I love Peggy. On the wall over my monitor is something she wrote on yellow scrap paper 20 years ago, which is but half as long as we've been married. It’s as true for how I see her as for how she sees me.
“I love Lowell 100 million billion trillion times over. I love him sooooooooooooo much. He is the best man, and I love him.
Love Love Love Love Love”
I love plants. I feel more life emanating from plants than from people. My delusion probably comes from the fact that plants are fully here and fully now. They are blessedly free from even as the possibility of deception. Rocks are also our superiors in that regard. So it is with nearly every being that our species looks down upon (which is to say every being but ourselves). If Peggy loved them too, I would fill the house with plants. I’m especially drawn to potted plants during the winter when most outdoor plants are homely, and when it’s too wet and cold to enjoy sitting on the ground. It’s as if I inhale their essence when I’m among plants and, unlike mine, their essence is pure.
I love to dig holes. I love the beauty of the tools; the changing colors and textures of the earth; the feel of the work inside my body; the odors and the coolness; my unusual vantage point of the world; the occasional pebble, fossil, earthworm, or human artifact; and the knowledge that I might unearth a treasure of one kind or another. When I lie in bed at night and fantasize that my pain is gone, the first thing I want to do is to dig a hole.
I love habanero peppers, which are the hottest peppers I can find (sixty times hotter than jalapenos). They’re so hot that they make the top of my head sweat, and my hands hurt all night and into the next day if I don’t wear gloves while cutting them. I started eating habaneros years ago as a treatment for Raynaud’s Disease, overcame the agony of the heat enough to enjoy the high—they go especially well with marijuana—and found that they helped the Raynaud’s so much that I’m rarely bothered by it.
I love caps. Hats look better, but they don’t shade the eyes as well; you can’t pull a hood over them; most of them can’t take rough handling; they’re a nuisance when it’s windy; and, last but not least, the brim hits the headrests in cars. The only thing caps don’t do well is to keep rain from running down my neck, but it only rains here in the winter, so I just raise my hood over my cap, and the cap keeps it from coming down over my eyes.
I love rocks for their beauty, their stories, and their antiquity. Even here in the geologically young Willamette Valley, it’s possible to find rocks that go back 40-million years. These youngsters are 400,000 times older than a 100-year-old person. I study the strata in cliff faces; I dig charred wood from pyroclastic flows; I pry globe-like concretions from roadcuts; I try to feel the story of the fossils that lie buried in my backyard. Sometimes, I even sleep with rocks because—in my imagination anyway—they emanate a force. I had once hoped that force would heal me, but it couldn’t, although, as with plants, rocks can bring the joy and comfort that allows me to live despite the pain.
I love shopping at Goodwill. Half of me goes nuts over secondhand bric-a-brac, but the other half hates a cluttered house, so it’s an anguished love, but an inextinguishable love nonetheless. Besides, everything is so cheap that I figure I can always buy something to replace something I already have, and then pass on what I replaced. I can also buy things for other people, enabling me to enjoy Goodwill while dumping the curse of clutter onto them, but also giving them something that I love, that I hope they will love, and that I purchased with thought and affection.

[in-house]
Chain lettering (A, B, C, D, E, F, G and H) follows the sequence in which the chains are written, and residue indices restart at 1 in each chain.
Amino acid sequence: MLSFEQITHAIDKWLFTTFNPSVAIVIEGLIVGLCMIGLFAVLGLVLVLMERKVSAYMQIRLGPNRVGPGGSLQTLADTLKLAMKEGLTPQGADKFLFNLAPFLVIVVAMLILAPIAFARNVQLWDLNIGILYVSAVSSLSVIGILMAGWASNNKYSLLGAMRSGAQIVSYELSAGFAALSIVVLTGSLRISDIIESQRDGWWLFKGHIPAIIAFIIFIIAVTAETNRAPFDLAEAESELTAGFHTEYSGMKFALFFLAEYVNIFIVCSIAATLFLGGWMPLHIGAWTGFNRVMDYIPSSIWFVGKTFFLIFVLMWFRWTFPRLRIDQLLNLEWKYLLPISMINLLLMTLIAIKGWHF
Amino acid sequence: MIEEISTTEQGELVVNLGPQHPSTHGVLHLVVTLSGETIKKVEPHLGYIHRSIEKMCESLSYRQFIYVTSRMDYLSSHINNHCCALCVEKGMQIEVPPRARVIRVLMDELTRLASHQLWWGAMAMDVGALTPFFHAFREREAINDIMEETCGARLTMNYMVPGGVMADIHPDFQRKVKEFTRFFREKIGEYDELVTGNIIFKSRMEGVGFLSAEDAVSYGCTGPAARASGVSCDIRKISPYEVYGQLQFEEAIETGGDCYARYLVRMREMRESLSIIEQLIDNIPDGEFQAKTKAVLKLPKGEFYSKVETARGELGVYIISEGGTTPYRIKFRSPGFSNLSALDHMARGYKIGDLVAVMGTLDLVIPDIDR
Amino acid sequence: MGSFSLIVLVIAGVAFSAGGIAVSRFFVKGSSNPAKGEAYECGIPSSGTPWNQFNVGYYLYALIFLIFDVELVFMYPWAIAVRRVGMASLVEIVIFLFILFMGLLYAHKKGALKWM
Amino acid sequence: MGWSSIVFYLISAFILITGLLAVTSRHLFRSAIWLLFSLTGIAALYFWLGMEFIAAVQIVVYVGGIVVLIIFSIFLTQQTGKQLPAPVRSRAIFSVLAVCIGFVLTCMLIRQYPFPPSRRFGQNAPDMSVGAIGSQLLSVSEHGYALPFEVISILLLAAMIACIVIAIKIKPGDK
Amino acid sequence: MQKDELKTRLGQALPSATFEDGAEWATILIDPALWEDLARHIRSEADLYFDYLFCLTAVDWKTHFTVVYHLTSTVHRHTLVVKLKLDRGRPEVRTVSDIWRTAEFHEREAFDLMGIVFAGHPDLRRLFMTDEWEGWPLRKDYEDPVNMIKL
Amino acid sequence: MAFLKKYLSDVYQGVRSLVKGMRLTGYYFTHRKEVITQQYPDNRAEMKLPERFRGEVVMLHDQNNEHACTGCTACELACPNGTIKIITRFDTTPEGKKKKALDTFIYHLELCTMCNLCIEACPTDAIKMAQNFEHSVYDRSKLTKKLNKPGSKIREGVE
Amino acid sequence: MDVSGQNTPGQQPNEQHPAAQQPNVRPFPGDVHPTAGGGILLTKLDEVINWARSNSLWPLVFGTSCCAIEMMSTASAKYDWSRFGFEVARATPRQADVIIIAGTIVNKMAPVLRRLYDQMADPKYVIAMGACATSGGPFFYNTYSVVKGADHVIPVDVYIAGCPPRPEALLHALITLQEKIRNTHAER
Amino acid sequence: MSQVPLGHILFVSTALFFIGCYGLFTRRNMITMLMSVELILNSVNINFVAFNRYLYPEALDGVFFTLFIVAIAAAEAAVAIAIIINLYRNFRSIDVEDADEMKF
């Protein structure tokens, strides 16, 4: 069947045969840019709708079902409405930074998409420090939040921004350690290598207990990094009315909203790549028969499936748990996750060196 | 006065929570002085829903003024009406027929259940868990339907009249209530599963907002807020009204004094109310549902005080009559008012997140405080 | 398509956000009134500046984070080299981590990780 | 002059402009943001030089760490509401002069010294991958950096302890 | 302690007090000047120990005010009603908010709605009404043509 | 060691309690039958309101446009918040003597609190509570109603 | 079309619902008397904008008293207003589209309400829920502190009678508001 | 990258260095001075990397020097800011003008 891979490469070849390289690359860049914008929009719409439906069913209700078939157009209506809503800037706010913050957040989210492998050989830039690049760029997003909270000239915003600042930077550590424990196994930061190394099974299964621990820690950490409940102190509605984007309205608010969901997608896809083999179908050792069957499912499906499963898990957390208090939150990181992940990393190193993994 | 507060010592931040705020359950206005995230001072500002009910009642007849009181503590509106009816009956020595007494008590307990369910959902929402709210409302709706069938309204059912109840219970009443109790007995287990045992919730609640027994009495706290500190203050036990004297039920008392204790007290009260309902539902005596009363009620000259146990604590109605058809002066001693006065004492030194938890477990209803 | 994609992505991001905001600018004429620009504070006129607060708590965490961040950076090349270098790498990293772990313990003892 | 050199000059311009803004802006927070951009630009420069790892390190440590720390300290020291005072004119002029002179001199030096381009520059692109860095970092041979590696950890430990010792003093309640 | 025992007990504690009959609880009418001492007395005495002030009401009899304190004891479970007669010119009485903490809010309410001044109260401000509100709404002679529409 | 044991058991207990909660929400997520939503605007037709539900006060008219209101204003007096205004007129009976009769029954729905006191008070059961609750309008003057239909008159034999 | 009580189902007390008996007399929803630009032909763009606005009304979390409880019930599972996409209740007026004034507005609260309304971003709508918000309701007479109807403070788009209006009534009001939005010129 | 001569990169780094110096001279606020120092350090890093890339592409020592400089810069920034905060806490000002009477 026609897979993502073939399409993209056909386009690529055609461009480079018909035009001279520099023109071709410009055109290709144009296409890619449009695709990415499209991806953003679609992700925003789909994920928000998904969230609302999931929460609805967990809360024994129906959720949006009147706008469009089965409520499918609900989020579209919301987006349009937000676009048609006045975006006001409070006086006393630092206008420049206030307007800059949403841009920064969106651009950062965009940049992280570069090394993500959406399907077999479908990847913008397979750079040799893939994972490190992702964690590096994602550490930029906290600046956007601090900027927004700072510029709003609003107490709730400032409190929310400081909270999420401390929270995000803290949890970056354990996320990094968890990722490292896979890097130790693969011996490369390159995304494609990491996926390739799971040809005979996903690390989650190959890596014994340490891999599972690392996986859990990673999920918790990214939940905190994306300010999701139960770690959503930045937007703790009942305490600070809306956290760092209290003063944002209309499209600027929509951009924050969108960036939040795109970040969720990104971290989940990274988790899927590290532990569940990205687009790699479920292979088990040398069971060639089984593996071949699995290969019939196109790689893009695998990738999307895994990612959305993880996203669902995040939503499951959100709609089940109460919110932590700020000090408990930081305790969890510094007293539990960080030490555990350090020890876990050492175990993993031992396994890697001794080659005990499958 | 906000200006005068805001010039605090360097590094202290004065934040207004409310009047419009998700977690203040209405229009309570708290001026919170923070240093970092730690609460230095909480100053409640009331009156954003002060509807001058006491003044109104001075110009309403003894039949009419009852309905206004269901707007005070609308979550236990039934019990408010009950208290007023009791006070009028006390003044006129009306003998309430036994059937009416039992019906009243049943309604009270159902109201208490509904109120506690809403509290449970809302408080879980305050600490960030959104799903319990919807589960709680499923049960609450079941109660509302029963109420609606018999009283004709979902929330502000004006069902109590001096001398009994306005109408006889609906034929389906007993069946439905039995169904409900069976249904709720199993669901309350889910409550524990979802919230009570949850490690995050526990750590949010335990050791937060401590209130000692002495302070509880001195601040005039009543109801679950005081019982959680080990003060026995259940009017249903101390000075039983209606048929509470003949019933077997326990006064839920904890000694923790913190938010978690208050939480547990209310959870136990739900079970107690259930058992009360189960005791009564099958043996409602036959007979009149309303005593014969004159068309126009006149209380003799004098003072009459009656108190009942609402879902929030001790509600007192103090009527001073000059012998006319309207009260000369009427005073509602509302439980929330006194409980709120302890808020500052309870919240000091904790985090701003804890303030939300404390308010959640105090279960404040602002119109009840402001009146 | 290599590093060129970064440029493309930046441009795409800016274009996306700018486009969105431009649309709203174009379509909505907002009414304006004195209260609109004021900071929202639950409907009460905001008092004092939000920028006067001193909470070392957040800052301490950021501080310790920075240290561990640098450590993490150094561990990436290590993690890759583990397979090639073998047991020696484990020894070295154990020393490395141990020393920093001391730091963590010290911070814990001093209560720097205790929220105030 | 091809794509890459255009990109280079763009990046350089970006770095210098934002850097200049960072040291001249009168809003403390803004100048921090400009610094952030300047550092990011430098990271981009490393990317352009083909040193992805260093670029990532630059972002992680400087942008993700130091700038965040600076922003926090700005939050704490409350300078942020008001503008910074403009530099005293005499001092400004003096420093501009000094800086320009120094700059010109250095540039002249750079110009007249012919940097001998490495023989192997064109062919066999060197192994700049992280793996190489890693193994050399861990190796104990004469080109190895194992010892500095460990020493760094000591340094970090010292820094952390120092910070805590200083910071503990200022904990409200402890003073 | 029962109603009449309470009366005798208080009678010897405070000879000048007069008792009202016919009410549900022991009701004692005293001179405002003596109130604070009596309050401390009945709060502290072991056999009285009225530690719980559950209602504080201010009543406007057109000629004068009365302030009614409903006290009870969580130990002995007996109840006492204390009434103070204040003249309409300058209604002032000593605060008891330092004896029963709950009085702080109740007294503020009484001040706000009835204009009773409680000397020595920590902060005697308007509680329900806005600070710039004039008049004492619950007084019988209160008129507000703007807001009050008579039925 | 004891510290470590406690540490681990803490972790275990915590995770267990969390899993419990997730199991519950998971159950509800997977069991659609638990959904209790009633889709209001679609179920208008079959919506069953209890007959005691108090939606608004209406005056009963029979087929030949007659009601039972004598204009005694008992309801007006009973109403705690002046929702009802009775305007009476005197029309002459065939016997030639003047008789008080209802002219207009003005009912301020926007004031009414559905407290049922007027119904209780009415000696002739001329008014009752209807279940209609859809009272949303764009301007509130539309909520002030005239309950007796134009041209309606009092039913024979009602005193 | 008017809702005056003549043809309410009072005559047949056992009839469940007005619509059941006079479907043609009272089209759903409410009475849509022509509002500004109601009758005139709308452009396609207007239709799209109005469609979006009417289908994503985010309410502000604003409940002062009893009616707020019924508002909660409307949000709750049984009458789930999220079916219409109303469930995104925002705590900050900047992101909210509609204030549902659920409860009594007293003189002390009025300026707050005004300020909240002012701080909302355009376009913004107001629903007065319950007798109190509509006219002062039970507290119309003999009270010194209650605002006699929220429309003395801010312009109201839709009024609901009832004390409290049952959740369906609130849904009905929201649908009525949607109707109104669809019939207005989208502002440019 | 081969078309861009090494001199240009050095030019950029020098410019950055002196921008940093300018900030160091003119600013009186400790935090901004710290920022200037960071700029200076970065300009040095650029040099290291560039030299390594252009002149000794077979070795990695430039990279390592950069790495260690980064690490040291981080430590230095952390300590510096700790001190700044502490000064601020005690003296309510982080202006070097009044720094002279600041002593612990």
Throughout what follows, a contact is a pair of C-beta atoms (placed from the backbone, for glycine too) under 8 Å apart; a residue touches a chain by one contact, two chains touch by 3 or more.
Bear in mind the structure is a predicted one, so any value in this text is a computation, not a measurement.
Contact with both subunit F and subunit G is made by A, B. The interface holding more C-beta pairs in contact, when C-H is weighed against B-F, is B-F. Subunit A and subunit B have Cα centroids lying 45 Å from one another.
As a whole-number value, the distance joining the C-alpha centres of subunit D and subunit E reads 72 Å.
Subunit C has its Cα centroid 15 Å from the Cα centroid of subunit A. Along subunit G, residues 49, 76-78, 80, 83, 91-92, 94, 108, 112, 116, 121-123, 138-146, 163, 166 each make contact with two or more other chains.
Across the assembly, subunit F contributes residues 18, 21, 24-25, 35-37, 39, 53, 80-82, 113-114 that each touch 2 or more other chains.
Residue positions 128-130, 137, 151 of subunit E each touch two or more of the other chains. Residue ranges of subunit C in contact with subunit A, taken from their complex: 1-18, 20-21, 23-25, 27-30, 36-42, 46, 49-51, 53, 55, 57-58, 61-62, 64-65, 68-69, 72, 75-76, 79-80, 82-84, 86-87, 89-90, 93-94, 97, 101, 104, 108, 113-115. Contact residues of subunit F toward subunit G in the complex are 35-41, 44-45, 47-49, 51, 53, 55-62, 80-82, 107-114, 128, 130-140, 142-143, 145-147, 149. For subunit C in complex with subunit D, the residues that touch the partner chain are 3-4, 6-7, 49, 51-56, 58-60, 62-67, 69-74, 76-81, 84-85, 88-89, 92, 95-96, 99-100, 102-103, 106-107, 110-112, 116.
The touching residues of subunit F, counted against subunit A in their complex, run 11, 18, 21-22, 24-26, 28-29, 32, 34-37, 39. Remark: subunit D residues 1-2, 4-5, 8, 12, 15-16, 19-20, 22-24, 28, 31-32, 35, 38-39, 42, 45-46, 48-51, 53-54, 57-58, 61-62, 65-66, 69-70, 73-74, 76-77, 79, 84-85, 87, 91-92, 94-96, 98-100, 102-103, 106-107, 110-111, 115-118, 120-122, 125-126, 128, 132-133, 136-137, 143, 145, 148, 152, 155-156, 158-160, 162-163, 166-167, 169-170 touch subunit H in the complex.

I love my room—see photo. The walls are pink, and I have lots of plants, though not so many as I want.
I love marijuana. One-fourth of a small sugar cookie, and my world is born anew. Music and language swim in the periphery of my vision; colors assume such depth that I become disoriented. I feel thoughts well up as if from depths unimagined. I am overcome by the knowledge that trees, dogs, cats, potted plants—all the things I love—have an immediacy and an intensity that is beyond expression. I become so enamored of the history and creativity behind the fifty-year-old kitsch at Goodwill that I want to buy it all in honor of the people who made it and loved it all those years ago. I become more patient and tolerant; I see my worries from a realistic perspective, and they’re always less scary than I imagined.
I love writing. I live through the written word just as a photographer lives through a viewfinder. This makes it very hard for me to be close to anyone who really and truly has no interest in what I write because what I write is the deepest part of me, at least the deepest part of me that I can touch.
I love reading because it teaches me things and it allows me to visit other people’s worlds. I read about plants, geology, and home repair. I also like biographies, Westerns and books of cartoons—especially Gary Larson. My taste in biography tends to run to people who were hated like Benedict Arnold or Bonnie and Clyde. My only problem with reading is that I never seem to do it as much as I would like.
You might think that I’ve expressed a few surprising thoughts for an atheist, yet I couldn’t love these things nearly so much if I believed—like many do—that they are flawed forms of a once perfect reality. If I have a religion, it lies in nature because nature is all there is, and we’re each a part of it, and therefore a part of one another, and of everything else too.